Our environments are active partners in the conversation between location and the geographies of the mind and spirit that create “place.” Place involves human narrative and memory, which are embedded in a location, including deeper narrative currents that absorb the stories of all who have lived there. It is therefore appropriate to think of places as texts, layered with meaning. A hermeneutics of place continually reveals new interpretations in the interplay between physical environment, memory, and specific people at a particular moment.3

My Latinx neighbors, in contrast to the prevailing LA hermeneutic, came with their own sense of place, their own narratives, and a way of using space that contributed to shared stories and a sense of community:
a sidewalk became a swap meet and a small piece of grass became the park where parties were hosted, simple pleasures that led to deep connection and a sense of belonging together. A neighborhood that majored in mom and pop shops also meant a richness of third spaces, which can be what Sheldrake refers to as active partners between narrative and place.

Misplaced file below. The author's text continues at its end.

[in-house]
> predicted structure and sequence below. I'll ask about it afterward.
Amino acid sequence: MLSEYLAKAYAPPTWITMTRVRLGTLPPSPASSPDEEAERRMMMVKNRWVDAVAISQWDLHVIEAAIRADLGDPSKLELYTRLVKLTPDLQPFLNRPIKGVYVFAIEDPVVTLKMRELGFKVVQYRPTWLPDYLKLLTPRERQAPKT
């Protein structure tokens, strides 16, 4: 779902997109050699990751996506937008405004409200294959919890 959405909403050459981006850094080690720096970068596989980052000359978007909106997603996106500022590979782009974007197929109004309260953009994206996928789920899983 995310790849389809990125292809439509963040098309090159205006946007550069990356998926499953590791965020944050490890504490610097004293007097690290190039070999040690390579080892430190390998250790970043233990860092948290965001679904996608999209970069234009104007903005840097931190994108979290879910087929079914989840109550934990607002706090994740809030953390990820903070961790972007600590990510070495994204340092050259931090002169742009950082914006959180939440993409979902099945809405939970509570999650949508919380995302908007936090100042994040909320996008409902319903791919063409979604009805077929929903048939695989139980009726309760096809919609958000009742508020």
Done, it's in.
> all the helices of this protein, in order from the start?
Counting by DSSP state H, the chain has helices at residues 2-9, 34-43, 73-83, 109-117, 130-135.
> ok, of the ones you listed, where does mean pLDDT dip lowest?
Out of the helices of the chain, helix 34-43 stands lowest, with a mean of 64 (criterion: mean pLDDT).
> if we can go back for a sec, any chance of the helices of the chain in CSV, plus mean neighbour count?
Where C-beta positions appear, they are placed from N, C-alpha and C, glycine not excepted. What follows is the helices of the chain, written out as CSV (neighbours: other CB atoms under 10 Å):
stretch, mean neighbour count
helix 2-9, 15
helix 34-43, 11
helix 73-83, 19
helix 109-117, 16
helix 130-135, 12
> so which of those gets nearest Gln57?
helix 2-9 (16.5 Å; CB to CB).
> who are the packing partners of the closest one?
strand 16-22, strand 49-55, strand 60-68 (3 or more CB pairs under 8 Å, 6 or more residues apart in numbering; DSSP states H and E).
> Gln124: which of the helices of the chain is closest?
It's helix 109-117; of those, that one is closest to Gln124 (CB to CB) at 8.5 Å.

A Hermeneutic of Third Places 

Many of us have had the experience of eating at a chain restaurant halfway around the world and wondering, “Where am I?” Once, we were in Caracas, Venezuela, in a Chili’s restaurant that could have been in Chicago or Los Angeles. I have come to think of these places, with nondescript décor and no connection to their location, as “nowhere”—because they could be anywhere.4 Lacking any connection to local history, architecture, or culture, one could move it to another city and it would be equally in place and out of place.

In the land of LA strip malls, my husband John and I were on the lookout for places that are somewhere, rather than nowhere, connected to the neighborhoods. These third places, named “great good places” by Ray Oldenburg,5 land somewhere between public and private places. Whether they are coffee shops, community centers, barber shops, or hangouts, these are places where even strangers feel at home. Oldenburg describes great good places as “informal gathering places that relieve the stress of life, where people go to relax and meet friends or make new ones.” He goes on to say, “Where these do not exist, we see leisure giving way to ever-increasing consumption.” Great good places are neutral gathering spots where no one has to be the host, people are drawn together who wouldn’t normally be together, and everyone is equally welcome.